This essay provides a close reading of Kierkegaard’s later signed text, For Self-Examination
. While many of Kierkegaard’s pseudonymous texts often are selected for their philosophically explicit engagements with Hegelian philosophy, I use Hegel’s dialectic of lordship and bondage to draw out how Kierkegaard circumvents it in this one. I first provide historical context, noting how Kierkegaard turned to earnest works after his public humiliation in the Copenhagen newspaper, undermining his ability to deploy irony effectively. Second, I briefly develop Hegel’s lordship and bondage dialectic as a model for how selfhood is constituted through work and labor. Third, I dwell with a close reading of Kierkegaard’s book both in its composition and in its interpretation, bringing out how it donates grace rather than work (à la Hegel) to the reader’s attempt at self-realization. I conclude by noting one challenge to Kierkegaard’s ideal of addressing the “single individual” from the perspective of intersectional analysis.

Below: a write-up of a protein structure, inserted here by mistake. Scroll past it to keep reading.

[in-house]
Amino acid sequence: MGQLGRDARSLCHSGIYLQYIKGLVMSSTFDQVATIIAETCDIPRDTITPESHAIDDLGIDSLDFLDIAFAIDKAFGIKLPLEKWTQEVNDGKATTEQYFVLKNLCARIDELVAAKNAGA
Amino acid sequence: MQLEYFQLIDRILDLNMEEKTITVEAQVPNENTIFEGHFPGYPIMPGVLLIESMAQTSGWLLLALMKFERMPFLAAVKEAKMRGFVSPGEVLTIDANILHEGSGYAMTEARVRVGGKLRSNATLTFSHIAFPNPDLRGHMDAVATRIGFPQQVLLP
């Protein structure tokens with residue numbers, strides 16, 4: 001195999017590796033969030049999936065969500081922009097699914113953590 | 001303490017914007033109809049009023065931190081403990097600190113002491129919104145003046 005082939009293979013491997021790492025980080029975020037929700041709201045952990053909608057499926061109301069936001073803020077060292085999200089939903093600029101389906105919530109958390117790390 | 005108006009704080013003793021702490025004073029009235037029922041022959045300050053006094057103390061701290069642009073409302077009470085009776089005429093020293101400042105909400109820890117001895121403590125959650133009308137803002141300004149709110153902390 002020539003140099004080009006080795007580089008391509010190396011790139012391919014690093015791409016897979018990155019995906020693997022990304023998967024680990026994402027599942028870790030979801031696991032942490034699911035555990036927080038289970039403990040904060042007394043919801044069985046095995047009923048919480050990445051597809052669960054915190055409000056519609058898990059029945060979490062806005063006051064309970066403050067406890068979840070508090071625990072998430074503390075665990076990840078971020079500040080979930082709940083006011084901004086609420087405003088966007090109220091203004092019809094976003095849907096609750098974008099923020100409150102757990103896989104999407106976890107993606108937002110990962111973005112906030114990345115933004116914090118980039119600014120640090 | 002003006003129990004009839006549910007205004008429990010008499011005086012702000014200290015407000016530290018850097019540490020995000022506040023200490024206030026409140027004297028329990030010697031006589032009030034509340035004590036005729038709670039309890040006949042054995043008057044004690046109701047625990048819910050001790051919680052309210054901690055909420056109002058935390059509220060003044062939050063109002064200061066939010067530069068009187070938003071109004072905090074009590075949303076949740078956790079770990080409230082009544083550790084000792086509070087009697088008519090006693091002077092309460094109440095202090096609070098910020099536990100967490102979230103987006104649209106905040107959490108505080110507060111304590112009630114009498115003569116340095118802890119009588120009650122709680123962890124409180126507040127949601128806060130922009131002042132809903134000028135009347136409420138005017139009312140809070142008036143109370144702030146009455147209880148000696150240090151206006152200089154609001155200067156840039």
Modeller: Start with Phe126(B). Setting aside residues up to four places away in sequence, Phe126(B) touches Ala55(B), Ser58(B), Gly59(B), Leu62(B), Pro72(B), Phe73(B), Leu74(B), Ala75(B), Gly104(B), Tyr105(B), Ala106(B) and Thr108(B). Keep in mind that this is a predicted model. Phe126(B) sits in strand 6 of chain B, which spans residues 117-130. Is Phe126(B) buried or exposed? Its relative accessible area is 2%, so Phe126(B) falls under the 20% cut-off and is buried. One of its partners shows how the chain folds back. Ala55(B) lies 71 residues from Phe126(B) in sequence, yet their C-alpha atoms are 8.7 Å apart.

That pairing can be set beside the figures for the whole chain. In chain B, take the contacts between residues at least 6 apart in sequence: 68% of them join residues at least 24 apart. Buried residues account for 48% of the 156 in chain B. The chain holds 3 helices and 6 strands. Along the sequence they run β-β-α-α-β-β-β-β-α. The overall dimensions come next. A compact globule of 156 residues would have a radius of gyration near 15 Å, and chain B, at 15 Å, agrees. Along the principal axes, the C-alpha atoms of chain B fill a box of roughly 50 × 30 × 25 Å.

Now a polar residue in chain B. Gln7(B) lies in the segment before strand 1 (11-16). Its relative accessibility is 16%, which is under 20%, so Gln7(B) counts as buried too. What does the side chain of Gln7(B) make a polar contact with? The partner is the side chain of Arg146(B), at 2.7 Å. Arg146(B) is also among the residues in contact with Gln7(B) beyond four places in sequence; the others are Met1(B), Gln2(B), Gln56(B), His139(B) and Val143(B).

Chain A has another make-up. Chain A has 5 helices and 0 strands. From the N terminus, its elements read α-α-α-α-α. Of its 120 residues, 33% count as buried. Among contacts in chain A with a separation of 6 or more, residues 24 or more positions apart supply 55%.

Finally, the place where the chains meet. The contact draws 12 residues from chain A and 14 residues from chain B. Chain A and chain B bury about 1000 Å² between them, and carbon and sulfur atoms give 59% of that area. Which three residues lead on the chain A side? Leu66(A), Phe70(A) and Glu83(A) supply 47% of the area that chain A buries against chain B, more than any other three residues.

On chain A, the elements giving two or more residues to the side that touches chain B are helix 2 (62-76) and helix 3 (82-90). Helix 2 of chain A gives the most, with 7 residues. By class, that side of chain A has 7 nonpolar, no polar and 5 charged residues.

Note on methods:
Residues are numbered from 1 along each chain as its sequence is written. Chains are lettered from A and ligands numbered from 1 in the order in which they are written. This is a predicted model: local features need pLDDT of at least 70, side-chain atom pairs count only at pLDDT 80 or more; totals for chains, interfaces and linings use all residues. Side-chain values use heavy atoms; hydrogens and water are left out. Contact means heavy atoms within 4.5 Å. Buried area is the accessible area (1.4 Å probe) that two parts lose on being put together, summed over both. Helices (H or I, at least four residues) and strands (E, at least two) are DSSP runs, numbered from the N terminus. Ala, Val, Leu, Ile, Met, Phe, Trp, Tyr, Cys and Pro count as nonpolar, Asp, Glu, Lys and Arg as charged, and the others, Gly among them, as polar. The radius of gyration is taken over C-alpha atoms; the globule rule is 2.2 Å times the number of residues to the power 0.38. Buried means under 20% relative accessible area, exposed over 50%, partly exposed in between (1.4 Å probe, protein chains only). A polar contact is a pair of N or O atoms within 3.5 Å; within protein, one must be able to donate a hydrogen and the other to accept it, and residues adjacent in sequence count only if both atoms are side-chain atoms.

This is an open access article distributed under the Creative Commons Attribution License
which permits unrestricted use, distribution, and reproduction in any medium, provided the original work is properly cited